In the last few months, WSB has become one of the fastest-growing subreddits, spurred by headlines and rank novices besieging the group hoping for get-rich-quick stock tips. And it’s not just Reddit users who go there. To fully appreciate WSB’s appeal, you have to look beyond its registered membership numbers: Rogozinski reports that in November 2019 alone WSB received 2.9 million visitors. The sub’s popularity led Rogozinski to write a book – WallStreetBets: How Boomers made the world's biggest casino for Millennials – released this January, and currently the number one new release in Amazon’s finance category. That same popularity has also made WSB a major target for the media, who’ve voiced concerns that the subreddit may be too powerful.
Outsider Trading: Headlines Hedging WSB
That question was raised recently by, among others, the Financial Times, who openly speculated whether or not WSB’s bullish consensus on certain stocks constituted illegal pumping. “These co-ordinated attempts to take a stock ‘to the moon,’” the Times authors write, “does call into question whether it constitutes market manipulation.” When the market dropped due to fears of COVID-19, a cover story in Bloomberg Businessweek, provocatively titled “Reddit’s Profane, Greedy Traders Are Shaking Up the Stock Market,” echoed FT, saying that “the do-it-yourself traders of r/WSB are waging a kind of guerrilla warfare in the markets, trying to exploit what they see as weaknesses in the system to move prices where they want them.” Bloomberg Opinion columnist Matt Levine, a former Goldman Sachs investment banker, was even more direct in his take, saying “(WSB subscribers) are in the business, or at least the hobby, of buying stocks, pumping them up on Reddit, and then, I suppose, profiting.” A self-deprecating counterpoint to that was articulated by a WSB user with the handle /u/recentlyunearthed, who asked rhetorically, “How can we have insider knowledge when we don’t have any knowledge?”
To their credit, WSB has instituted reforms on the types of posts allowed, banning users who attempt to pump stocks or discuss positions on stocks priced under $10.00. “The influx of media attention over the past week on SPCE and LL has made it clear that some users are attempting to use this forum to pump their positions (against Rule 8 of the sub),” a moderator wrote in a stickied post. “In addition, the sub has seen a rise in users resulting from media attention and r/all over the past few months. Recently, some pumpers have attempted to leverage the size of this community to pump stocks.” Nevertheless, the subreddit has captured the finance world’s attention.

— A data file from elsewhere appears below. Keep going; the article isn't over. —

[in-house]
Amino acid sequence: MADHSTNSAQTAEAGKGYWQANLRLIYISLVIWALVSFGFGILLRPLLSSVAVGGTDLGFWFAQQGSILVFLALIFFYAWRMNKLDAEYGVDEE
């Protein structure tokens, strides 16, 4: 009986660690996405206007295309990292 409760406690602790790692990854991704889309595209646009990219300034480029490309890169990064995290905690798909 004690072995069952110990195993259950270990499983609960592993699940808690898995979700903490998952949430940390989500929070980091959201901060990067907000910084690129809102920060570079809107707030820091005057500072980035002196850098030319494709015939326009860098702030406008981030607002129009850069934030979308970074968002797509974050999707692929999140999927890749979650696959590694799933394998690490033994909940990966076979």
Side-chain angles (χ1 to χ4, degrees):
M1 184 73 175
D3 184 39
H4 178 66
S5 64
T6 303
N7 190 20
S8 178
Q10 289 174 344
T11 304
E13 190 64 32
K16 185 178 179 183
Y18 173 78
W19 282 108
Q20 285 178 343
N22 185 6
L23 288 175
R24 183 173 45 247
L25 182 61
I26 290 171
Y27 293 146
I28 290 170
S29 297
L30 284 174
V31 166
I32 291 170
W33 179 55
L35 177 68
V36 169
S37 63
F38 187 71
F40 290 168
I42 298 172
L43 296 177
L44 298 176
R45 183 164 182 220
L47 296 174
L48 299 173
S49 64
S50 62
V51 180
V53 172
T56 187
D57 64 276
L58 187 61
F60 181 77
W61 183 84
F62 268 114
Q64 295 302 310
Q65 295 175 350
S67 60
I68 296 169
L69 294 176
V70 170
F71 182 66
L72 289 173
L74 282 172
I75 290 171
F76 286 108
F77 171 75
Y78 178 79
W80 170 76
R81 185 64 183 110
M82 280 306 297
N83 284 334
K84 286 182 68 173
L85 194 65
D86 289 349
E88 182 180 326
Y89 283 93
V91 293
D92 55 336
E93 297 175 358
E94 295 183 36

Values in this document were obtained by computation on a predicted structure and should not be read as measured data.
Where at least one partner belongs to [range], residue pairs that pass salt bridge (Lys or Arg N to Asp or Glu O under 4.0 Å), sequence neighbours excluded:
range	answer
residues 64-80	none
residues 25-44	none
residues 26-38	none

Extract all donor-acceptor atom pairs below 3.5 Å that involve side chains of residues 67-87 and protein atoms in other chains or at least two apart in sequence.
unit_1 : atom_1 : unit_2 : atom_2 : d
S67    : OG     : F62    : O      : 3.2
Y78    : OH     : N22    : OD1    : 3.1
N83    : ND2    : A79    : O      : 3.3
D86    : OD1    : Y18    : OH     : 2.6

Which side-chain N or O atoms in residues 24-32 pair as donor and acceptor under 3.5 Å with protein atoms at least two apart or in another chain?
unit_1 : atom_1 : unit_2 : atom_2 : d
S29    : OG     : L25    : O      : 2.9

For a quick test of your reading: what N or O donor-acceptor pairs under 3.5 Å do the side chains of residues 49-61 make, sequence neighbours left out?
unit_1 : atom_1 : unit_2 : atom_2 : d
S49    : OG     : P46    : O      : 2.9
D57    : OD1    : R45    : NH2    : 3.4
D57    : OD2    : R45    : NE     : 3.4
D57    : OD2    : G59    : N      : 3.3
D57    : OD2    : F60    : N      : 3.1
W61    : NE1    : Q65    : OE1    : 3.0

Underscoring this is that some big names have suggested – perhaps jokingly – that professional investors might do well to look towards these so-called meme stocks for opportunities, among them, notably, Mark Dow, a former policy economist for the U.S. Treasury and IMF.
To better understand the webizens of WallStreetBets, the impact of retail investors on the market, and the evolution of trading in the age of no-fee brokerage apps and democratized, real-time business intelligence (and disinformation), we reached out to Rogozinski by email for this interview.
SumZero: Thanks for agreeing to the interview. WSB’s has certainly seen its share of press over the last few years, mostly in the form of huge wins or losses for its users, but the last few months have really cast a huge spotlight on the subreddit. What’s changed?
Jaime Rogozinski: Since WSB was created it has experienced exponential growth, nearly doubling in size on a yearly basis. While I don’t think anything has fundamentally changed on WallStreetBets, there must be some threshold that was recently crossed which has made it difficult for the media to ignore. In other words, while doubling from 10k to 20k subscribers is impressive, can be easily ignored. But going from 400k to 800k means the community produces more touchpoints and increases its visibility across the spectrum on both social and mainstream media.